The day the tulip died, part 5

In 1999, I left college as a committed Calvinist. (There. Now you know how old I am.)

I turned down a job with a think tank in D.C. to enroll in seminary and study theology. I chose Grand Rapids Theological Seminary, a Baptist school that leans Calvinist. (It’s kind of hard NOT to lean Calvinist in West Michigan.)

Two things happened while I was in seminary.

One, I was introduced to something called narrative theology — which, ironically enough, would someday help to unravel my commitment to Calvinism.

Narrative theology is, in part, a reaction to systematic theology’s fondness for outlines. Traditional systematic theology starts with a topic — Christology (the nature of Christ), ecclesiology (theology of the church), soteriology (theology of salvation), etc. — and makes a series of propositional statements or claims about that particular -ology, each supported by a selection of biblical proof texts.

In this way, systematic theology treats the Bible more or less like a handbook from which various truths can be mined and neatly arranged into comprehensive doctrines. So for example, if you’d like to know what to think about predestination, you might look up all the verses that mention predestination, election, or some related topic; then try to harmonize them so they all appear to be saying the same thing; and voila! You have yourself a doctrine of election. (Yes, I’m oversimplifying to make a point.)

Narrative theology approaches the Bible first and foremost as a story. As much as possible, it tries to leave the Bible intact, rather than dissecting or reducing it to a series of propositional statements. Narrative theology doesn’t dispute that the Bible contains propositional truth. But it says biblical truth is primarily expressed in story form and thus is not so easily extracted to make neatly contained theologies.

That’s because the Bible’s primary purpose is to tell the story of redemption. It doesn’t set out to give us a comprehensive theology of salvation or predestination or whatever. Which might explain why you can find verses that appear to support an Arminian view of salvation and others that seem to support a more Calvinist perspective.

Two, I had to write a master’s thesis, and it just so happened (or was it foreordained?) that open theism was all the rage at the time. The idea of a limited God wasn’t new. What was new, however, was that a number of prominent evangelicals were arguing for what they called “divine self-limitation.” That is, they believe God is capable of doing whatever he likes. But God freely chose to limit his power in order to give us the freedom to accept or reject him.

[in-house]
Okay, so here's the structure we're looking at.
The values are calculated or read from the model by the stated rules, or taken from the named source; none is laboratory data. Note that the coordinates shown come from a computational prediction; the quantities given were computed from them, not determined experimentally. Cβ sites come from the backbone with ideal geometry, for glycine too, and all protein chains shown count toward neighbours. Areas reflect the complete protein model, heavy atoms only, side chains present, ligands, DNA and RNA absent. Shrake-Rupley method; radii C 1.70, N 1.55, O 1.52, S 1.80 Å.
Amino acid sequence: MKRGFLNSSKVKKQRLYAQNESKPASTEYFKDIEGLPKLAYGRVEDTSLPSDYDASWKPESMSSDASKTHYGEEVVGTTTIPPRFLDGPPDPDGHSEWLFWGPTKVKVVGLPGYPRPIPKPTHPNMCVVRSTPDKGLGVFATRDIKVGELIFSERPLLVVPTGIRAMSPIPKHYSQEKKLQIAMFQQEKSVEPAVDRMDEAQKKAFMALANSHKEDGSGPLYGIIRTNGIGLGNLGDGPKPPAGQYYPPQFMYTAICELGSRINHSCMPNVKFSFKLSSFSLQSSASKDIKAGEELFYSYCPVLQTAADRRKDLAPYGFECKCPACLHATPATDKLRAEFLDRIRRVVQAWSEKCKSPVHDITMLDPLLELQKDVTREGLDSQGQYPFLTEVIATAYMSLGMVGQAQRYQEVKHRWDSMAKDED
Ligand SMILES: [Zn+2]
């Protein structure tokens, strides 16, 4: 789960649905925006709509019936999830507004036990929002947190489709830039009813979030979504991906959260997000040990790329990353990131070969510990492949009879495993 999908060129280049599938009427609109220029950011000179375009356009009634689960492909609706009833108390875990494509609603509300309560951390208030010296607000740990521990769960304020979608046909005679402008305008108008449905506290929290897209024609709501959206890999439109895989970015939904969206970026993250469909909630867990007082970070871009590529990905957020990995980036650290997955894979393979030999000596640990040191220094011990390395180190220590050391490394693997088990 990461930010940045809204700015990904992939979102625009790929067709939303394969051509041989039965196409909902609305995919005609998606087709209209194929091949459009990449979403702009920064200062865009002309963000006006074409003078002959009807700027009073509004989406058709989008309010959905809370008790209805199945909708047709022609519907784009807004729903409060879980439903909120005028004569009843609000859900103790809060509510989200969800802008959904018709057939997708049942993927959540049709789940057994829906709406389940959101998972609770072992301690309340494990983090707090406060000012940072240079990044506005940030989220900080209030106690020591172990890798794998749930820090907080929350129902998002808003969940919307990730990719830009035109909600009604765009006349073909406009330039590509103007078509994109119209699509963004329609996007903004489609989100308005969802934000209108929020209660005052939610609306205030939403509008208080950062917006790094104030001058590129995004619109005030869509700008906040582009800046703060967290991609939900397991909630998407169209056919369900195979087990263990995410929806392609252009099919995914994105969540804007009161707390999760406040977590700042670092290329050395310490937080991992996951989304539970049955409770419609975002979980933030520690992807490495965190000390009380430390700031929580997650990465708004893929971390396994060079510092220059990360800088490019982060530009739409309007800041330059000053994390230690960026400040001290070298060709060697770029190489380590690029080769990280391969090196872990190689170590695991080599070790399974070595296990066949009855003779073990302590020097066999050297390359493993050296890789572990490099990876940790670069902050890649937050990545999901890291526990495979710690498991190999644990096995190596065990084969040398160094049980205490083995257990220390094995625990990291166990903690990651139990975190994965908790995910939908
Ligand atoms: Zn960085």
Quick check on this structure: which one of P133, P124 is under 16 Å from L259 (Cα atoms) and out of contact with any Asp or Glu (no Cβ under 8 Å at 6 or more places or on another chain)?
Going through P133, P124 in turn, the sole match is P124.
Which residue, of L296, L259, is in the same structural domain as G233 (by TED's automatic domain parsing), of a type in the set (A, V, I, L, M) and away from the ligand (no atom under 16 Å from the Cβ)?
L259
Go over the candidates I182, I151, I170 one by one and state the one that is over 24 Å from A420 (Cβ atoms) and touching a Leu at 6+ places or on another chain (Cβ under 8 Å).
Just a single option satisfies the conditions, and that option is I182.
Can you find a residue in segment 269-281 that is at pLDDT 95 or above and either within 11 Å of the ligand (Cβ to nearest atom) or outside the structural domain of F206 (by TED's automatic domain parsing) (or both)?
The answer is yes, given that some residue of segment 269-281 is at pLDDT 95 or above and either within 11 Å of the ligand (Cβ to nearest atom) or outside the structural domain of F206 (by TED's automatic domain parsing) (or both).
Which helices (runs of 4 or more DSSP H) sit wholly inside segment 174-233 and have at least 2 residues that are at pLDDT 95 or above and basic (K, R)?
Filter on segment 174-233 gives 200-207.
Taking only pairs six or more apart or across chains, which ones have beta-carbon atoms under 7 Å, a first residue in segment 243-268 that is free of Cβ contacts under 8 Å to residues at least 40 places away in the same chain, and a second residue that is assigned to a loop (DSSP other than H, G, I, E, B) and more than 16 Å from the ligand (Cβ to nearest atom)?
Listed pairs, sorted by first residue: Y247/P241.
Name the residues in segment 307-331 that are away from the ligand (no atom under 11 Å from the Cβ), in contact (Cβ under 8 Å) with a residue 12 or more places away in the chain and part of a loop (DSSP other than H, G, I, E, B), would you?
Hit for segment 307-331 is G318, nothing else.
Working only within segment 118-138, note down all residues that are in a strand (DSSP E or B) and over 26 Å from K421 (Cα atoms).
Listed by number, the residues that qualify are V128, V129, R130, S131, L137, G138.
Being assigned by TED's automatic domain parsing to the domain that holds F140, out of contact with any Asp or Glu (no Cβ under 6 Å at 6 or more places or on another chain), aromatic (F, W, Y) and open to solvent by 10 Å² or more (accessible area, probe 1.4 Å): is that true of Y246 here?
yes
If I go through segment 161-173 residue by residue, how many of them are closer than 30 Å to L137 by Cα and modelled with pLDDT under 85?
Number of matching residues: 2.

This idea has all sorts of implications that make many evangelicals, especially Calvinists, uncomfortable. Such as the notion that the future is partially indeterminate and therefore unknown, perhaps even to God.

To make matters worse, the main advocates of open theism — Clark Pinnock, John Sanders, and Greg Boyd — had the nerve to still believe in things like the inspiration of Scripture, the trinity, the resurrection of Jesus, and other core Christian doctrines. Which made it difficult to write them off as heretics. (Not that it stopped people from trying.)

So far as I could tell, most of the responses to open theism (which came mostly from Reformed voices like John Frame, Norm Geisler, and Bruce Ware) retreated to the same proof texts routinely used to argue for God’s meticulous sovereignty. As for passages that seem to paint a different picture — say, of a God who periodically experiences surprise or regret — well, these were dismissed as little more than literary anthropomorphisms. (An interesting argument for conservative evangelicals, who usually insist on a “literal” interpretation of the Bible.)

So for my thesis, I decided to take a different approach, arguing that the biblical narrative, taken as a whole, can be read to support the idea of a God who meticulously controls everything, down to the tiniest detail.

It’s funny looking back at my thesis now, almost a decade later. (And if you’re really bored or have a lot of time on your hands or enjoy amateurish theological writing, you can view a copy here.)

It’s not that I disagree with everything I wrote in it. In fact, after re-reading my thesis for the first time in years, I was surprised at how much I still agree with what I wrote back then. It’s just that I don’t think anything I wrote actually proves meticulous sovereignty.

The way I see it, Calvinism relies heavily on two things to argue for meticulous sovereignty:

  • Specific examples of God intervening in history (e.g. his hardening of Pharaoh’s heart, his choosing of specific individuals like Abraham or Jacob, etc.)
  • Passages from the prophets and the writings (Psalms, Proverbs, etc.) that use poetic language to speak of God’s power

I relied on both in my thesis. The problem is (as I’ve argued elsewhere), just because God CAN and DOES intervene in specific ways at specific times to advance his redemptive agenda doesn’t necessarily mean that he intervenes to the same extent in absolutely everything.

And it’s dangerous at best to make comprehensive theological claims from poetry. The irony is that some Calvinists, as noted above, use the “don’t take this passage literally” argument when it suits them. And the times that it suits them best are, arguably, when it is least valid to do so.

In other words, the passages they want to interpret metaphorically — passages that depict God feeling regret or changing his mind — are found most often in narrative texts. That is, passages which describe actual events. Yet when they come across what may well be a hyperbolic (but true in its own way) expression of God’s power in poetry, they insist on a literal interpretation.


Part 6 of this series can be found here.

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